We also fried to ways. We did some in a deep fryer and some in a cast iron skillet. IN the latter, the oil came up halfway; the chicken took longer to cook in the pan, had to be turned over, and didn't get as brown. This was find and tasty, but Keller's recipe is better.

    [​IMG]

    As a side dish, we sautÃ[​IMG]ed a ton of peppers"”red, yellow and orange"”along with lots of sliced onion and some diced prosciutto. (Since this is a Spanish dish, perhaps Serrano ham or something like that would work better.) Tasty. Like everything else we have made in this class, the lack of a starch was noticeable.

    [​IMG]

    For dessert it was the same cake as last time; the other guys made it. I did make (or partly make) their sorbet, which was chocolate this time. Wow, that was super delicious and intense.

    As to the torchon: It was OK. It had been taken from freezer to fridge two days before and had still not completely thawed. We had to leave it out for about two hours.

    Then we broke it into two pieces. There was clearly enough to make two logs. Chef did not like the idea of using a cheesecloth but that is apparently the official school method. So we did one in a cheesecloth and one in plastic. You basically squish it into a log shape and then wrap it again in plastic, twisting the ends to compact it while you keep working it with your hands to maintain an even shape. Then we packed that one into the cheesecloth and tied the ends. The other one we simply left in plastic.

    [​IMG]

    The traditional recipe is to poach in stock. Obviously, there is no point to this if you use plastic wrap. Chef also said that for the stock to flavor the torchon, it would have to be in there for a long time, and we didn't have enough time. So we just used water. Maybe 20 minutes on a low simmer.

    [​IMG]

    The one in plastic came out fine.

    [​IMG]

    We scraped away that yellow fat and it looked very nice.

    The other one was cracked and also paler in color. We were originally told that the only way we could get the foie was if we gave what we made with it to the restaurant. It was too expensive for us just to take. However, the cheesecloth one was deemed too unattractive for the restaurant, so we got to divvy that up and take it home.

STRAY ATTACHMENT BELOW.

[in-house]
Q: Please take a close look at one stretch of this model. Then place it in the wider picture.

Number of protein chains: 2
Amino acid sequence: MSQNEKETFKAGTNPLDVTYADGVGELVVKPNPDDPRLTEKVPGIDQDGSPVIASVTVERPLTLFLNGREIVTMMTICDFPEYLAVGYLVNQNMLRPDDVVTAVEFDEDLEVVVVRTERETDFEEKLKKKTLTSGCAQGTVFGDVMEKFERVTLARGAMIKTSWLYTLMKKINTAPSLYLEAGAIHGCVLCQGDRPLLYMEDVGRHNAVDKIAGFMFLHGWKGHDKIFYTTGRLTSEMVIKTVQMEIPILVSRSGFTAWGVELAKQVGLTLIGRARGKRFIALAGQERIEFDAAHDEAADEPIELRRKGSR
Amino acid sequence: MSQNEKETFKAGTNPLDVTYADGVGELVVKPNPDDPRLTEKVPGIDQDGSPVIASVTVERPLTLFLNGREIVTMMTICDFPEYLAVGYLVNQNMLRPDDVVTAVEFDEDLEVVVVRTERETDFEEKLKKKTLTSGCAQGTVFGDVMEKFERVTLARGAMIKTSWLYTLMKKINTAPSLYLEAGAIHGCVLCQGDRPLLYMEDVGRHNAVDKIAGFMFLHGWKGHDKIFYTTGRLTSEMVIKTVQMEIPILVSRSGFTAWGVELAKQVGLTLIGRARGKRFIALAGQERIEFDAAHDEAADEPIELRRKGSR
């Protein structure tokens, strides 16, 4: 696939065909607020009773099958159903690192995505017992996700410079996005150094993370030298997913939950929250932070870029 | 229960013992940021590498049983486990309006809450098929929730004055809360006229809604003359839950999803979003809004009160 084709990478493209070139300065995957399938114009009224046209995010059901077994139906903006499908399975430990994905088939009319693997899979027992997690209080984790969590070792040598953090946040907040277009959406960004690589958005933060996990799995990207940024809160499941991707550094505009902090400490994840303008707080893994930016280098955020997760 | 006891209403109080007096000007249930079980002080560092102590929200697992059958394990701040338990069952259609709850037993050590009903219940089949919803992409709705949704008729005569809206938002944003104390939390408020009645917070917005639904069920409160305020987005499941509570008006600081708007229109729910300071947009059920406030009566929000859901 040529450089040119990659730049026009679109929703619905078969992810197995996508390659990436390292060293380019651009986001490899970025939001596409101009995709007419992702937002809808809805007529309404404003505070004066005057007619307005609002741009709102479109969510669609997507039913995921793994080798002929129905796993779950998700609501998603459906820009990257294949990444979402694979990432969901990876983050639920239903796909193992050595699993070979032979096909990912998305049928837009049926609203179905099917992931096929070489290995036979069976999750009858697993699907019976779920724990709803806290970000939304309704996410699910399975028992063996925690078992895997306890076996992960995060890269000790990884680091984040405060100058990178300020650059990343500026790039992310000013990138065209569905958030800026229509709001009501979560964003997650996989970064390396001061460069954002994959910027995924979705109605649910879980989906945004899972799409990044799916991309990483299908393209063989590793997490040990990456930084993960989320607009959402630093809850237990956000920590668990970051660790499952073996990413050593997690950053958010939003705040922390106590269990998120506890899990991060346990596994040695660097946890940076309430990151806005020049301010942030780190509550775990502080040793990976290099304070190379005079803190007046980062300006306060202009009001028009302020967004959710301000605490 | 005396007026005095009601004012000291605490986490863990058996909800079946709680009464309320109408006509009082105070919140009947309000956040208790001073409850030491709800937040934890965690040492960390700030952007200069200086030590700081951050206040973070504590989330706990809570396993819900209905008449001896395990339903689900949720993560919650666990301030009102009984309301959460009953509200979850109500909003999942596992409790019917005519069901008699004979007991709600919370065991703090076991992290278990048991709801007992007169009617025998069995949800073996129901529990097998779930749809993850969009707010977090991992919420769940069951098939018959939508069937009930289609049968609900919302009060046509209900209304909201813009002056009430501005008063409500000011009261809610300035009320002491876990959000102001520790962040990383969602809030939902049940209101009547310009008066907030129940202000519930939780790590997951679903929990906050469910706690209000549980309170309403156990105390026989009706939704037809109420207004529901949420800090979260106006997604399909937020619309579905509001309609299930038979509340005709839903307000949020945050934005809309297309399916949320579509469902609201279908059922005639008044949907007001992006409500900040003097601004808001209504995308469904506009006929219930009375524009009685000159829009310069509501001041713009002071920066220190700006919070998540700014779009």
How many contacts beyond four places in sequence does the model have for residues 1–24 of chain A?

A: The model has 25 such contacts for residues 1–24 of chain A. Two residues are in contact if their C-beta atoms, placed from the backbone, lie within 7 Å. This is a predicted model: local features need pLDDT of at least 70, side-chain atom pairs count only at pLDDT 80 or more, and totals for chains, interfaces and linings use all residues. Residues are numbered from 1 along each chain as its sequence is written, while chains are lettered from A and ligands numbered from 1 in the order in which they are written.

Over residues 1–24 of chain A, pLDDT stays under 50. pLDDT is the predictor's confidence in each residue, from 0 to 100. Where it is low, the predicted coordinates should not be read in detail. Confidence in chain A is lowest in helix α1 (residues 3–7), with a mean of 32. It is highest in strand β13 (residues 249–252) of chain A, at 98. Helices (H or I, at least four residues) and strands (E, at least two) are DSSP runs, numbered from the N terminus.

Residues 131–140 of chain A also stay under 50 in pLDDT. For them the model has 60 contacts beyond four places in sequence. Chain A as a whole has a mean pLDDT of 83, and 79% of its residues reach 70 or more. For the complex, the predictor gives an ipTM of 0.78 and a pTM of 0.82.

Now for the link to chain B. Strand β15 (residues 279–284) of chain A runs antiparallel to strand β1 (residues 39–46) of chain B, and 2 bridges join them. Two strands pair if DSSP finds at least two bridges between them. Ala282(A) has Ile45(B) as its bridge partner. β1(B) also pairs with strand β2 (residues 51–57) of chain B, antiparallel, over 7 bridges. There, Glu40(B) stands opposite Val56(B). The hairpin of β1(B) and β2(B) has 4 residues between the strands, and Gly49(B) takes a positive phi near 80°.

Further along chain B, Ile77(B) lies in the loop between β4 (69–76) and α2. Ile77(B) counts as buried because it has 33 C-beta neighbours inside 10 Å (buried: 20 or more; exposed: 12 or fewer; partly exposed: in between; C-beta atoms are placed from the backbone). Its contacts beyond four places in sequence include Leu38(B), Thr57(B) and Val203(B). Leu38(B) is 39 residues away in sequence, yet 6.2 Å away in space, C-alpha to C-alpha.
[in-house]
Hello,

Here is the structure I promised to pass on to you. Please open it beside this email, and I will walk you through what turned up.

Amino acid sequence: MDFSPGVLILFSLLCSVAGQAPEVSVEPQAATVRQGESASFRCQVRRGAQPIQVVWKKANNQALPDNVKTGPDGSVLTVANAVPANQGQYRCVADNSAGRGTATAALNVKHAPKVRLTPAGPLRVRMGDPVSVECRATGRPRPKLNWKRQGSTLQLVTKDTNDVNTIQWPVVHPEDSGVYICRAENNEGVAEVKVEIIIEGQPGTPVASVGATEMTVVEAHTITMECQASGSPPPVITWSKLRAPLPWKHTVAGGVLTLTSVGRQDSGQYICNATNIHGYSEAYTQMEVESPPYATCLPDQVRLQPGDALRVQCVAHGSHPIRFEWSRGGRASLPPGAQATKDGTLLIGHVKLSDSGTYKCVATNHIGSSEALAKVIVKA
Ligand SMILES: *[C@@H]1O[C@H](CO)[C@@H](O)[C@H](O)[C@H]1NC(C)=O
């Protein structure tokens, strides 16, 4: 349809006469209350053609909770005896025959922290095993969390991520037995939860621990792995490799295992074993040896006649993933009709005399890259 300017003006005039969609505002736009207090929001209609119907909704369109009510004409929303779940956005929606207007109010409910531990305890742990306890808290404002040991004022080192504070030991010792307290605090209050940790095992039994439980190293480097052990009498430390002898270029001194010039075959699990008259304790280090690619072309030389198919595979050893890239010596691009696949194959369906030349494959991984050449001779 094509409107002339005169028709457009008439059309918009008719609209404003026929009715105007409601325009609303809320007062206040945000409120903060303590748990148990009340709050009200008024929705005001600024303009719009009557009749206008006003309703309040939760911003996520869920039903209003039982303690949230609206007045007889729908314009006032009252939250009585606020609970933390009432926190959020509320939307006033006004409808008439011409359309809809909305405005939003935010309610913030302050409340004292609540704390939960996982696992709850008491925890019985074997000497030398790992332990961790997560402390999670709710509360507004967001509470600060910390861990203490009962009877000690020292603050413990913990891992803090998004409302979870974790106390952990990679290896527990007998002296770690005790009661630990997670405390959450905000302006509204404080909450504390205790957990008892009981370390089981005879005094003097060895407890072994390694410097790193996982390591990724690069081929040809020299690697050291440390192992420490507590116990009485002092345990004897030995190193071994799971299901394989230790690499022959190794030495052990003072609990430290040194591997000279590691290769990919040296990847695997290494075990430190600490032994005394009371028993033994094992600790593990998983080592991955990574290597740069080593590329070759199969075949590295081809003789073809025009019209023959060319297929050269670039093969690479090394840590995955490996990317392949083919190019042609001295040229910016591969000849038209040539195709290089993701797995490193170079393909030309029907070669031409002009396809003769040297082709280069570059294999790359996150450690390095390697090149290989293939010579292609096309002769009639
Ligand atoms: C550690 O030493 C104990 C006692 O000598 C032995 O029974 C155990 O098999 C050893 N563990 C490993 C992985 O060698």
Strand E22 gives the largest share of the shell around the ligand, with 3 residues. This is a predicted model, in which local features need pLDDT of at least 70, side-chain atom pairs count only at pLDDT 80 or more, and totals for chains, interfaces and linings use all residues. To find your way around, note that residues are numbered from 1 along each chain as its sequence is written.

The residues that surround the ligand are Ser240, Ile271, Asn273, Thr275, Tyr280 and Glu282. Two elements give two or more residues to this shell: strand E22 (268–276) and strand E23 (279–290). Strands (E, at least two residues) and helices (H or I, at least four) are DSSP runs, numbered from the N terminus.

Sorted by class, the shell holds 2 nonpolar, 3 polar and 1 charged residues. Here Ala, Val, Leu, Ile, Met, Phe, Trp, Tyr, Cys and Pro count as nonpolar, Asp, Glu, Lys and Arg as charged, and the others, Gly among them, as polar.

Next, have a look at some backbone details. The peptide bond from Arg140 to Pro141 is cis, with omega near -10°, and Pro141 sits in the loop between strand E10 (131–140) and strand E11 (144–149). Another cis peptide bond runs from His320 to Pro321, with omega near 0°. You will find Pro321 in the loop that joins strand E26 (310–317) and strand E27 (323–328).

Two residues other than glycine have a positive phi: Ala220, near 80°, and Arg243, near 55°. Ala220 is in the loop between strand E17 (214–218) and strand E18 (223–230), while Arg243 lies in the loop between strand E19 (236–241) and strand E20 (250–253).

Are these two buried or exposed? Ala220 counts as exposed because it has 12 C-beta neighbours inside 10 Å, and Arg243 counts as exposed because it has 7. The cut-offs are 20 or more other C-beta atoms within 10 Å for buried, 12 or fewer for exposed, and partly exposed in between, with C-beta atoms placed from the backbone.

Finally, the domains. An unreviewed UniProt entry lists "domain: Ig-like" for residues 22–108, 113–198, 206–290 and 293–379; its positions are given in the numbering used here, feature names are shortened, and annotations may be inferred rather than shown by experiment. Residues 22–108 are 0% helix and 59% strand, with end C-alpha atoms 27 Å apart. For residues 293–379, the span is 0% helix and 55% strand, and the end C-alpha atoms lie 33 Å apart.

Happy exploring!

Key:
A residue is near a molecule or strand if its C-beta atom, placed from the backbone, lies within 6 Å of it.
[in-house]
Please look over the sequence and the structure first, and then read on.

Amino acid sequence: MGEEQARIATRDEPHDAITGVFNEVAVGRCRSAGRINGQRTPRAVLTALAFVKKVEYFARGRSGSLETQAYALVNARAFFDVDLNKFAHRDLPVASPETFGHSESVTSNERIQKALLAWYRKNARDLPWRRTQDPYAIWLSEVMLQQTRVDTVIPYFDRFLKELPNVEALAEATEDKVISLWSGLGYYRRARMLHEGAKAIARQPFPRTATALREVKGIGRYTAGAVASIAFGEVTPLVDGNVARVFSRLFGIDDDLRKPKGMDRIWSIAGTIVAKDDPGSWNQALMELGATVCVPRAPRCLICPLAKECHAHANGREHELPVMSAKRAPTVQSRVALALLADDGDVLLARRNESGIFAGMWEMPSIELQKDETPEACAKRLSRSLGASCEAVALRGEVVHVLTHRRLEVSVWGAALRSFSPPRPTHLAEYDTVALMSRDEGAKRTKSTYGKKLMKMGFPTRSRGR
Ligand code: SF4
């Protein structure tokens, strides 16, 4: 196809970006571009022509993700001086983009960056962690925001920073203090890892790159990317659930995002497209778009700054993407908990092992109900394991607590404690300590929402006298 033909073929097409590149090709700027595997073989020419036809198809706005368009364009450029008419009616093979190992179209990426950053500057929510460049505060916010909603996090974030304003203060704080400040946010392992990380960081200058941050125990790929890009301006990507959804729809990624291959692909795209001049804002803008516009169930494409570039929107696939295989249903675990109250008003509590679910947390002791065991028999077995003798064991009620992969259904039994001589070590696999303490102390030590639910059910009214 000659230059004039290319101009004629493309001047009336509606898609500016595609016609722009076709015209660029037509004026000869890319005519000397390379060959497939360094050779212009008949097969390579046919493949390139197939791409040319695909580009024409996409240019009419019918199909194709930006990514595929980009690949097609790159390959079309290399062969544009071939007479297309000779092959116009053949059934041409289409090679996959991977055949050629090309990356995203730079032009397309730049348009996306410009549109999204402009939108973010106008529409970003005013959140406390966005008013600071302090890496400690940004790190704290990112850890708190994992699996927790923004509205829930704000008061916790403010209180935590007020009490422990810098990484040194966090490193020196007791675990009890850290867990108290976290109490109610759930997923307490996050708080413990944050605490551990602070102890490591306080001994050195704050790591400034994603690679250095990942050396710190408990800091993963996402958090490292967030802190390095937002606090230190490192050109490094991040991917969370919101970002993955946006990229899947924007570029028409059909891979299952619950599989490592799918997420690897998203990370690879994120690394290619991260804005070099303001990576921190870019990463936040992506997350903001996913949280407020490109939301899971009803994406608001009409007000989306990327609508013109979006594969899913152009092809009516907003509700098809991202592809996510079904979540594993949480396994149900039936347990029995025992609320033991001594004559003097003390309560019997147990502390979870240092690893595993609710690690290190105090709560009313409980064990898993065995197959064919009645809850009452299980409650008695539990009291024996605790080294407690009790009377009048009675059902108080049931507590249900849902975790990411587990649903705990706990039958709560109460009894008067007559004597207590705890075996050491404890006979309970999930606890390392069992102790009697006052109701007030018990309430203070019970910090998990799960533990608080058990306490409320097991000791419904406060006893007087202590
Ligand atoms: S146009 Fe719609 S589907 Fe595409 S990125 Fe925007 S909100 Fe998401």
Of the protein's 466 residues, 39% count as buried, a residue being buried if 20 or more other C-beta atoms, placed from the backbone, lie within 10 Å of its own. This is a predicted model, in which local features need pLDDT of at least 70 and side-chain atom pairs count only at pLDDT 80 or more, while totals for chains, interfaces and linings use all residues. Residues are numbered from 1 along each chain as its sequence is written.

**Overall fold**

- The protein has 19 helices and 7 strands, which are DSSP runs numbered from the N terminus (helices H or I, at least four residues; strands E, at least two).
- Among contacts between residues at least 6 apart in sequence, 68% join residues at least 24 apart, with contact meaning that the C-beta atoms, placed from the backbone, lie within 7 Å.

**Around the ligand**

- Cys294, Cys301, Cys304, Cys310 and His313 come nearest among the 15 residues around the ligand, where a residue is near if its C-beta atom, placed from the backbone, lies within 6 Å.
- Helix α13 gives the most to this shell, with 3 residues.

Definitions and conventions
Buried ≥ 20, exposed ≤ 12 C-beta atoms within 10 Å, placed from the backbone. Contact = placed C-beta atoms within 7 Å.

The other one was actually served Saturday night (or so I was told when I left) as an amuse bouche. So, not only was something I prepared served in the restaurant, everybody got that little freebie because I told Chef I wanted to learn to make a torchon. Which I learned about on Style Forum.
     
  8. foodguy

    foodguy Senior member

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    great job manton! your fish looks MUCH better than last week's. and your salad looks cleaner than the chef's.
     
  9. EZETHATSME

    EZETHATSME Senior member

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    Just spent a good long time reading this whole thread. Wonderful job on all counts, Manton. Thank you for doing this.

    EZ
     
  10. Manton

    Manton Senior member Dubiously Honored

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    My two courses this time were grouper and an apple dessert. I also plated, but did not make, a fruiti di mare risotto. The recipe in the book called for squid ink, but Chef protested strongly that squid ink is disgusting so we did not make that.